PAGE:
Storm Damage to Trees

Tim Baker, Professional and Horticulture Specialist, University of Missouri Extension

In 2007, we had a major ice storm in our area, and I wrote a couple of columns on how to deal with storm damage to trees. While we have seen a lot of ice this winter, the damage to trees has not been that bad for the most part.

But soon, spring will be here, and the potential for damaging winds may increase. If significant damage to your trees occur, you may face decisions on how to treat them. Can the storm-damaged tree be saved?  If so, how should it be repaired?  Or do you need to take the tree out?

There are several considerations.  First of all, how did the tree appear before the storm?  Was it healthy, or did it have major problems?  If the tree was on the way out, it may not be worth saving. 

Does it present a safety hazard in its present state?  Are major limbs broken?  Were major portions of the tree removed?  What about the central leader?  Is it still present?  This will affect the shape and future looks of the tree.

Is at least 50% of the tree still intact?  If so, and if there are no major structural problems, it may have a good chance at surviving.

What about wounds?  Are they large or small?  Has the bark been damaged?  Are significant portions of bark gone?  If problems with wounds or missing bark are minor, the tree may be able to repair the damage and survive.  However, significant problems in this area may lead to more difficulties later, including increased disease and insect problems.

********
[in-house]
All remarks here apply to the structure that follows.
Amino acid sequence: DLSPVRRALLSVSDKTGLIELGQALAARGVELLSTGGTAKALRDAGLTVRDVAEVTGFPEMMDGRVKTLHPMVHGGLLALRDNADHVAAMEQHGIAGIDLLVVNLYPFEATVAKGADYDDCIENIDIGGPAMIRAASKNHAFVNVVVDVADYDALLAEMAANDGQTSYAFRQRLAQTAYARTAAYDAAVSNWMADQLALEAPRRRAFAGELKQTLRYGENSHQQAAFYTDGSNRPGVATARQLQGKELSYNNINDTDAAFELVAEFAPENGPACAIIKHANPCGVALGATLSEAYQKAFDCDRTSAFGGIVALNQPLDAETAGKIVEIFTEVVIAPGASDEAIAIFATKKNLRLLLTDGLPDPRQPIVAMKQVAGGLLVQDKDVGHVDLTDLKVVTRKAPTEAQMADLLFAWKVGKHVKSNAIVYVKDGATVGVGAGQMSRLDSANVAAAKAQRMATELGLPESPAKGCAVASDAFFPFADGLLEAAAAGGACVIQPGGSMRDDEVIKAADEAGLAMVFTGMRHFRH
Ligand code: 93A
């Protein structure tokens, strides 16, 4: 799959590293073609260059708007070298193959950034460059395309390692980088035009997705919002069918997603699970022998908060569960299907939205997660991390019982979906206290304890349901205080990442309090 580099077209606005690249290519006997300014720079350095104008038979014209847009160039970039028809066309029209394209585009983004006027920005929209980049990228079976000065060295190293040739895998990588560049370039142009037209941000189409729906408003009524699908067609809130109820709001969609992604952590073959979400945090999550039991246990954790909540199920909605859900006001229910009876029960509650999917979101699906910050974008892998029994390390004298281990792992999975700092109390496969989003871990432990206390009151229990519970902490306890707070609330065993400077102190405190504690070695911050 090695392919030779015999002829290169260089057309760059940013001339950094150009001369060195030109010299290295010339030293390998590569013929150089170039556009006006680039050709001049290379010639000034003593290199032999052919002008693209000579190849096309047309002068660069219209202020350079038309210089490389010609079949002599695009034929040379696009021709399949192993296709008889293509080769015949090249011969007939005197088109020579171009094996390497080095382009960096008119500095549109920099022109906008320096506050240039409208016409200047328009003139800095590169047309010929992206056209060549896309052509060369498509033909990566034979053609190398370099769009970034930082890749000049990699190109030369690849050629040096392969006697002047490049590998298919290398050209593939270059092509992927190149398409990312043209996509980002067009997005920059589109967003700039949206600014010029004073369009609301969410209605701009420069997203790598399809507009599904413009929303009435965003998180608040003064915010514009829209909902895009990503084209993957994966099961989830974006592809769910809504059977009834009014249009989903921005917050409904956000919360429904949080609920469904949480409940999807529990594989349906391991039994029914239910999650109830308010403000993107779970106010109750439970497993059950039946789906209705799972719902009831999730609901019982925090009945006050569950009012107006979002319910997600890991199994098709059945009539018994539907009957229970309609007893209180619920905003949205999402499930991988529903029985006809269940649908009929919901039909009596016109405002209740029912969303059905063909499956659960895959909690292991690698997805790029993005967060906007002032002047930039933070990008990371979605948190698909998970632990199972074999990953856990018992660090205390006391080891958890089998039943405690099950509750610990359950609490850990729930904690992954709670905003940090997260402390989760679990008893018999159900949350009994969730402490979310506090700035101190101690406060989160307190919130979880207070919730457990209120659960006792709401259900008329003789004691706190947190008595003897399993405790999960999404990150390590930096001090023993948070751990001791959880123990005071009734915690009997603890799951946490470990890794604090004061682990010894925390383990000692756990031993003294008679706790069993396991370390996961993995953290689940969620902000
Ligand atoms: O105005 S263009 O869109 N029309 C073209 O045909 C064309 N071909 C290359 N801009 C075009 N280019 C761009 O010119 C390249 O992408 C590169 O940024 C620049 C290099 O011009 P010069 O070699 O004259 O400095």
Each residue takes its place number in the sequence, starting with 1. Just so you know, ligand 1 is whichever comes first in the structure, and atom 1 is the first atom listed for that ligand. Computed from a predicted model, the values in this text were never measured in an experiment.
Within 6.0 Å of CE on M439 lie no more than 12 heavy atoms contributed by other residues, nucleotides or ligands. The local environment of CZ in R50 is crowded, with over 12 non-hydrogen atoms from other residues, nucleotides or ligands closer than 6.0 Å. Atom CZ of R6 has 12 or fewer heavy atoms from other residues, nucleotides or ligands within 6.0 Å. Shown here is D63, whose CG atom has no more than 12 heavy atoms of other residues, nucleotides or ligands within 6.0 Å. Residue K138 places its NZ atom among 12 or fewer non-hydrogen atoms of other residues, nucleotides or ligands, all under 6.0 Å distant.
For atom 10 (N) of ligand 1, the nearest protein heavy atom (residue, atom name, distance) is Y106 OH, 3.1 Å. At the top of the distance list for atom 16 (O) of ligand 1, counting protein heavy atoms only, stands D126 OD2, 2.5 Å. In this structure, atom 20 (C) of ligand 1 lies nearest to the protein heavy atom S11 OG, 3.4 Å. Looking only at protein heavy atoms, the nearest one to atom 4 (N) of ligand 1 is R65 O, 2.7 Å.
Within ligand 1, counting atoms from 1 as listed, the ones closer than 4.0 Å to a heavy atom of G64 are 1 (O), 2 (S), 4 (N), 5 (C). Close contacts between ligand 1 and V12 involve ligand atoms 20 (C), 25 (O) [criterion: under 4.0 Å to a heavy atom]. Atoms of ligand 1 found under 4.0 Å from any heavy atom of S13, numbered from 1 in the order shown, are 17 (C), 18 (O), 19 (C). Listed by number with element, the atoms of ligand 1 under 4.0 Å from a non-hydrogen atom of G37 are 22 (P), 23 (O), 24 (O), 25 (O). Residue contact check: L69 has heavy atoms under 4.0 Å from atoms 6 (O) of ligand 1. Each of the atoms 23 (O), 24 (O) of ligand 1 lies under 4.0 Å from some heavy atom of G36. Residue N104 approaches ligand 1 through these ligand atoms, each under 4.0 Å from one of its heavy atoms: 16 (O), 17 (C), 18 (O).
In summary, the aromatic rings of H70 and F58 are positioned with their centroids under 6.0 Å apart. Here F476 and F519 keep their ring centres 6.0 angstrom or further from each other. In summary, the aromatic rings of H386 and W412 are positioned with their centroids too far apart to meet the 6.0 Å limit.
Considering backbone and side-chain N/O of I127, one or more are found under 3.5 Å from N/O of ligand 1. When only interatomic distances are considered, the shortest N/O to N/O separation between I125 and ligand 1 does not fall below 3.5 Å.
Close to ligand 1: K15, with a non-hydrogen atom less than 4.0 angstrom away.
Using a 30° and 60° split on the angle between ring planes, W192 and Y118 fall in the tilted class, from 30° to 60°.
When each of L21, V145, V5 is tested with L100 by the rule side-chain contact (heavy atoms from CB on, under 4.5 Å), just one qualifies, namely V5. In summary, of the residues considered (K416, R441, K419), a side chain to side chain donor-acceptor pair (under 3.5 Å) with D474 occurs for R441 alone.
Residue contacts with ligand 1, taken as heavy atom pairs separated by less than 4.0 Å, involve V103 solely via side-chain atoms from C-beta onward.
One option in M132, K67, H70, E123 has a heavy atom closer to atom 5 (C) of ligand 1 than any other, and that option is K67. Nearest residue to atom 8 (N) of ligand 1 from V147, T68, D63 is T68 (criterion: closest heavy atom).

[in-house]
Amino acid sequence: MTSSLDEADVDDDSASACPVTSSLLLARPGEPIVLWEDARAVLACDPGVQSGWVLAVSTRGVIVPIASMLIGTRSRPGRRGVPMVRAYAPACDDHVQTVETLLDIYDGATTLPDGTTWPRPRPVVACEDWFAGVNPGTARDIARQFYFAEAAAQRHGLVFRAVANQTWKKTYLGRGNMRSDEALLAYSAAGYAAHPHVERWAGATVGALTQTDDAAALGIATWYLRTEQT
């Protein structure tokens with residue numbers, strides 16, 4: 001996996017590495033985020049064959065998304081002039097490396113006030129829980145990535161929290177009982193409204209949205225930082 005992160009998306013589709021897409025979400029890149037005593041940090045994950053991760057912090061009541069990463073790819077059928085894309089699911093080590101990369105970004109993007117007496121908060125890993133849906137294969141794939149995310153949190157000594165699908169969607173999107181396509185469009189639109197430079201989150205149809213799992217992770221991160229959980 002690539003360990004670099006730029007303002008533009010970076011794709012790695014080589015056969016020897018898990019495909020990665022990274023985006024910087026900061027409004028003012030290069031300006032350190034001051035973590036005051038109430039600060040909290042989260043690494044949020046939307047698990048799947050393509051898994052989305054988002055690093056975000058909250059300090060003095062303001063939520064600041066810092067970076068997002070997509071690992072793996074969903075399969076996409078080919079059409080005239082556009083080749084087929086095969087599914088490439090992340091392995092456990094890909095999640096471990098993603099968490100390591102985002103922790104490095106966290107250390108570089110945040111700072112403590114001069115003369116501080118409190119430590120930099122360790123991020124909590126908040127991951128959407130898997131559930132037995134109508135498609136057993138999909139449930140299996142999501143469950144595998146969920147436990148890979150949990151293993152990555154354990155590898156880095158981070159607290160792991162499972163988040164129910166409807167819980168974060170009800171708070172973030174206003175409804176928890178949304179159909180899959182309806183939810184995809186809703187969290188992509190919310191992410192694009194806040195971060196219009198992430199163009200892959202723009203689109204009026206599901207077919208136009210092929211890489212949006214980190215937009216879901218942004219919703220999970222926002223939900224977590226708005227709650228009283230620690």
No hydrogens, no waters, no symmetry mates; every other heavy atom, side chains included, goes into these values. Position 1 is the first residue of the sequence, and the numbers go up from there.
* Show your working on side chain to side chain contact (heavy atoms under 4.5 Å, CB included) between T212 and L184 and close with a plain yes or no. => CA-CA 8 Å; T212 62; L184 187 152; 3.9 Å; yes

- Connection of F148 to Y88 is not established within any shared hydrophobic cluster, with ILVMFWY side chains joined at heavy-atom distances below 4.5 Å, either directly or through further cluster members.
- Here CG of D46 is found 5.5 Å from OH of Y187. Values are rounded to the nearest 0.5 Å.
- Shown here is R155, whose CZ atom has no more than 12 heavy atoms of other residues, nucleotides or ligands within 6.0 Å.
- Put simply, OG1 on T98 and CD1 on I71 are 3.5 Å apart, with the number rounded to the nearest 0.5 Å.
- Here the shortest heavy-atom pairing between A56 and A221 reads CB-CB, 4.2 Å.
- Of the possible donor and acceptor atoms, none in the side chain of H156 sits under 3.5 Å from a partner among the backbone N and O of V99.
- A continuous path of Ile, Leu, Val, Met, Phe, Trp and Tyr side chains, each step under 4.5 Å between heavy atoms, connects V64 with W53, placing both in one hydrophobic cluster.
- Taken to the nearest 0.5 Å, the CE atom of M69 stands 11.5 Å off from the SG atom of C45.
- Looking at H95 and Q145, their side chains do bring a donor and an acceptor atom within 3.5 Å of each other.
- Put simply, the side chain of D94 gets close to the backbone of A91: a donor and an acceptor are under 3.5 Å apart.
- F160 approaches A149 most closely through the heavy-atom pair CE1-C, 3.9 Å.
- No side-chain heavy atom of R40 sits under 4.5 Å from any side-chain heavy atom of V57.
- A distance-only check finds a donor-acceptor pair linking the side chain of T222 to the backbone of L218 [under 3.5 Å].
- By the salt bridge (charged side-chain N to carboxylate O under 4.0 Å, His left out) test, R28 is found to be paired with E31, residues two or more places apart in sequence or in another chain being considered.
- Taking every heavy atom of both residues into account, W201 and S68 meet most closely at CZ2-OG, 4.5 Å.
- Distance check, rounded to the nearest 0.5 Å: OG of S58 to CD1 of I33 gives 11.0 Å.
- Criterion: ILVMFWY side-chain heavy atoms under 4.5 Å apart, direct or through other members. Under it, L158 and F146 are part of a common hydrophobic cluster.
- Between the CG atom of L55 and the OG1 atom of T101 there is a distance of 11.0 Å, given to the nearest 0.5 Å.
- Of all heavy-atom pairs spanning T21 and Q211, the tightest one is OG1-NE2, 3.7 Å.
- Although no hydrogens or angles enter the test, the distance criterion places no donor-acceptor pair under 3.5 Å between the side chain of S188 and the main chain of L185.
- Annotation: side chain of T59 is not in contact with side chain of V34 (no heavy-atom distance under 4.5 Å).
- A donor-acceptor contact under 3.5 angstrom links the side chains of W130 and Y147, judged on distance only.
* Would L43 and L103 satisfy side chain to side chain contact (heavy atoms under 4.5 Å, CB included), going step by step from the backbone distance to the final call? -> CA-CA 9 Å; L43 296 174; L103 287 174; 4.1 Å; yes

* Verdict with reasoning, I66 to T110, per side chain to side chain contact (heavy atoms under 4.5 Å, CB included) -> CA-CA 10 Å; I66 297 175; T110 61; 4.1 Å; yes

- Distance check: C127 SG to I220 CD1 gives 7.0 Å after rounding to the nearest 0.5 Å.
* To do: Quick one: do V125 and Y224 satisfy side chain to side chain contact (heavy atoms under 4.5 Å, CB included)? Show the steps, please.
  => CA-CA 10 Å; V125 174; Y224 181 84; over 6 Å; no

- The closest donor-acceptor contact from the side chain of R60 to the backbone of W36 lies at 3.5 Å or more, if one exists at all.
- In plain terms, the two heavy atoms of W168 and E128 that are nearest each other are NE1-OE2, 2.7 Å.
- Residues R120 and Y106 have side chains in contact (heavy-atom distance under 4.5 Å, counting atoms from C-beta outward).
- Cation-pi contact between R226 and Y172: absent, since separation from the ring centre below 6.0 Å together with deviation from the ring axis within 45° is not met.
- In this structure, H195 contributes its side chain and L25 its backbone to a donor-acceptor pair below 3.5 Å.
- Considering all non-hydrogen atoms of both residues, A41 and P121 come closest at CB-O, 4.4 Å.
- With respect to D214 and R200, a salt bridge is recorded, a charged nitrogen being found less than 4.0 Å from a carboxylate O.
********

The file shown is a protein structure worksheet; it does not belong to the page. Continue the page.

Finally, go back to thinking about the tree before the storm.  Did you like the tree?  Was it suitable in its present location?  Was it an appropriate species for the location?  If you can’t answer these positively, this might be a good excuse to remove the tree.

And I can’t stress the safety factor enough.  Are there major structural problems from the damage, which are hazardous or may lead to future damage?  You don’t want to take chances here.  And some damage may not be readily apparent.

If there is any doubt, I would highly recommend that you consult a professional arborist or experienced tree service company.  These people have the expertise to assess structural damage to the tree.  Just as important, they have the proper equipment to safely remove hazardous tree limbs and make repairs.

After weighing all these factors, there are three possible outcomes: keep the tree and repair it, take the tree out, or if it’s really a borderline case, and you value the tree, you may opt to fix what you can and wait and see if the tree survives.  You can always take it out later, if needed.

In my next column, I will give some tips if you decide to work on the tree yourself.

University of Missouri Extension programs are open to all

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